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Do you know a woman who is being abused? A legal rights handbook

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What is a restraining order?

A restraining order is a court order that limits what a person can do in any way the family court thinks is appropriate to your situation. The order might limit where a person can go, or who they can contact or communicate with. For example, it can say one or more of these things:

  • your partner cannot come within 500 metres of you and your children
  • your partner cannot talk to or contact you or your children except through an agency or another person
  • your partner cannot come within 500 metres of your home and work

You might be able to get a restraining order even if your partner has never been charged with a crime, if the charge has not been dealt with, or the criminal court did not find him guilty.

Your lawyer can ask the court for a restraining order. If you need a restraining order right away, go to your nearest family court and ask for help from the duty counsel or advice counsel lawyer. You might also be able to get help from a Family Court Support Worker. For more information, see Legal services for victims of violence.

A restraining order is made in family court. But breaking any of the conditions in the order is a criminal offence. If your partner breaks any of the conditions, he can be arrested by the police, charged, and held for a bail hearing. For more information, see What is a bail hearing?

Bail hearing: when the person charged with a crime goes to court after they have been arrested. At court, they ask a judge or a justice of the peace to decide whether the police can continue to keep them in jail, or whether they must let them go.

The person may be let go with "conditions" that they must follow. For example, the court might order them to stay away from their partner. One advantage of a restraining order is that it can be made for a certain period of time, even for several years.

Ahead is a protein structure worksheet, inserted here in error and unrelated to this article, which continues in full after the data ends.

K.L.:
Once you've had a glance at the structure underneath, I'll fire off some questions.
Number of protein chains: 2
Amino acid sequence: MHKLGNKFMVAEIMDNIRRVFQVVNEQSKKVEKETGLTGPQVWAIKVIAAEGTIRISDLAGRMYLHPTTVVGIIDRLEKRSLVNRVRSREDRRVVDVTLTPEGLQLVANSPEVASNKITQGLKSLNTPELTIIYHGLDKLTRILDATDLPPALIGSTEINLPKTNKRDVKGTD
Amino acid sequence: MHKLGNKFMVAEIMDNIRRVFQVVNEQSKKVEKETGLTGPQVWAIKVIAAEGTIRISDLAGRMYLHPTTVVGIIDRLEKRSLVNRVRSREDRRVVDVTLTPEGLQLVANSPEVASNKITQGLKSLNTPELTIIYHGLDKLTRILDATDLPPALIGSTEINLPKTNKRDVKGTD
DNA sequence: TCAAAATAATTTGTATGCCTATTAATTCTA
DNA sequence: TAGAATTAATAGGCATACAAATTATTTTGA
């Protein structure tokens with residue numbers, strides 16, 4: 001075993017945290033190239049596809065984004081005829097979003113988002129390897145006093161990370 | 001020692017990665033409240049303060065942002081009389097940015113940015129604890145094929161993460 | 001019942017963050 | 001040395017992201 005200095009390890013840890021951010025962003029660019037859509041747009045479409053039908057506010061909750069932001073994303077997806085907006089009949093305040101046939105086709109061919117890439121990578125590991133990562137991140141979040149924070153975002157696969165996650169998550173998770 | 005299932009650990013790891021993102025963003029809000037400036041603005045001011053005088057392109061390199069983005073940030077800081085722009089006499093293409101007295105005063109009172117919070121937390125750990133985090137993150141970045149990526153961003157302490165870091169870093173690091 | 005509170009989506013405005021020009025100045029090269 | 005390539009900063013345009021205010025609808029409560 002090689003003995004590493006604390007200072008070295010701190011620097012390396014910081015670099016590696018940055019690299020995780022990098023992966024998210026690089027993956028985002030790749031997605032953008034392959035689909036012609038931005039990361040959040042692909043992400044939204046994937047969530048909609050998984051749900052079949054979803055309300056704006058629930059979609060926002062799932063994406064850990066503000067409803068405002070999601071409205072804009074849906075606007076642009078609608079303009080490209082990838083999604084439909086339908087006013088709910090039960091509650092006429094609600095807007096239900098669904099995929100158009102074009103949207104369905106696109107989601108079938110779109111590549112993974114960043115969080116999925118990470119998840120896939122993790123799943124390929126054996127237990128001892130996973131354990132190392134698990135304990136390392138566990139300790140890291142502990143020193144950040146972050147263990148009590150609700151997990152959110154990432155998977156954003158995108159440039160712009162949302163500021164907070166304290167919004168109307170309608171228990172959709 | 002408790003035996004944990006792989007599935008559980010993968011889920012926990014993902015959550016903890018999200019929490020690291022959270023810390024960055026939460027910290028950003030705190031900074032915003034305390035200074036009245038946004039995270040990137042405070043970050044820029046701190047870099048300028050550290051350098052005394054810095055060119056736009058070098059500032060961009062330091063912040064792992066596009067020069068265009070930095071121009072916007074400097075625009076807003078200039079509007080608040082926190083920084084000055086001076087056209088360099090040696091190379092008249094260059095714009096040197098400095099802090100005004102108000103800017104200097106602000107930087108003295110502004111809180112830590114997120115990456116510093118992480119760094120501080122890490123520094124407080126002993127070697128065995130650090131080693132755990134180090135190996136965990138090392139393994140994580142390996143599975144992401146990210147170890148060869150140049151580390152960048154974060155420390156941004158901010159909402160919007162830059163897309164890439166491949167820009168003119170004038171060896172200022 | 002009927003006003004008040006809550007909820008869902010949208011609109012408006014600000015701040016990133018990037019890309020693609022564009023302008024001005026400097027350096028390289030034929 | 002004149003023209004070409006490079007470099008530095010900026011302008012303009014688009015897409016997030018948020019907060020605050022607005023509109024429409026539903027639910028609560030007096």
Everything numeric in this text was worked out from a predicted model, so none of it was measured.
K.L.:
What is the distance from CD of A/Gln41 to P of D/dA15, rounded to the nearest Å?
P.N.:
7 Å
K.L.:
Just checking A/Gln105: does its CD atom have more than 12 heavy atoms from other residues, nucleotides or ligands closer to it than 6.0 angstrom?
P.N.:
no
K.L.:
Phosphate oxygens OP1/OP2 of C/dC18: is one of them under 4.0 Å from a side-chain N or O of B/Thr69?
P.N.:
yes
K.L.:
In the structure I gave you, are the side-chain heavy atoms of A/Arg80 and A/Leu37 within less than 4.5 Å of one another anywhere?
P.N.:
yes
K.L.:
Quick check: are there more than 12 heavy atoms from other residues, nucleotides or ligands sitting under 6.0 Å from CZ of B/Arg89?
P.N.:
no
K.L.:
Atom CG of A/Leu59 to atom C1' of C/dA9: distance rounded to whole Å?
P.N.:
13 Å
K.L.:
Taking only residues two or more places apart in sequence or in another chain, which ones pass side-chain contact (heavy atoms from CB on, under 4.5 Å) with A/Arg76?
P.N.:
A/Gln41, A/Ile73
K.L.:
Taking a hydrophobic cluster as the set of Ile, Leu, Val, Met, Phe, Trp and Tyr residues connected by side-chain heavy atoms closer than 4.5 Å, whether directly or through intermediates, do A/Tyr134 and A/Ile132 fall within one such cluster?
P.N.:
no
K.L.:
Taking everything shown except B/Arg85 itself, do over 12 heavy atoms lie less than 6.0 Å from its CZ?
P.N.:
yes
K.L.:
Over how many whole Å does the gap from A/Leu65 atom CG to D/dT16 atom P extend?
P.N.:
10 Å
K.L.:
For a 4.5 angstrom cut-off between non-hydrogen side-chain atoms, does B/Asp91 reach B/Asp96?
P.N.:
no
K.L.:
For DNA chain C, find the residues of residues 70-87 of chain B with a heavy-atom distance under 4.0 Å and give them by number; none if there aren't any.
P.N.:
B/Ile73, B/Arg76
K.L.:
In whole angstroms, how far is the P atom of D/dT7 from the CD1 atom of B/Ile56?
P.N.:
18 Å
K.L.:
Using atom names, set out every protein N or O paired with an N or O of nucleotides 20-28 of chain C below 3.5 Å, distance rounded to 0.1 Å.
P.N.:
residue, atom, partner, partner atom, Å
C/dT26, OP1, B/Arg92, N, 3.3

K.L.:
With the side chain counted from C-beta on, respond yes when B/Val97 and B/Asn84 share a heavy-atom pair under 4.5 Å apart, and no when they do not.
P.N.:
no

Who can apply

You can apply for a restraining order against your partner if at least one of these is true:

  • you were married to your partner
  • you lived together with your partner for any period of time
  • you have a child who is in your custody

If none of these situations apply to you, you could ask for a peace bond. Anyone can apply for a peace bond. For more information, see What is a peace bond?

Conditions in a restraining order

Tell your lawyer what kind of protection you need. For example, you can ask the judge to order your partner to stop calling you, or stop having his friends or relatives call you for him. Sometimes, the judge might order that your partner cannot come within a certain distance of your home, workplace, or the children’s school. All of these conditions and others can be part of a restraining order.

Applying for a restraining order

To apply for a restraining order, you will have to prepare some written documents, including an application and a Canadian Policy Information Centre Restraining Order Information Form. This form includes information about your partner that makes it easier for the police to identify him. The judge marks a box beside the conditions that apply to your case. The judge might also write in any additional conditions.

If you are applying for a restraining order without a lawyer and you need more information, you can read A Self-Help Guide: How to make an application for a restraining order. If you need help with this application, contact a shelter or community legal clinic or talk to duty counsel.

After you get a restraining order

Keep a certified copy of the restraining order with you at all times. The police need to see the restraining order before they can do anything if your partner doesn’t follow it.

You might also want to give a copy to other people. For example, if there is a condition that your partner cannot contact your child, you should give a copy of the restraining order to your child’s teacher or principal so that they can show it to the police if your partner tries to pick up your child from school.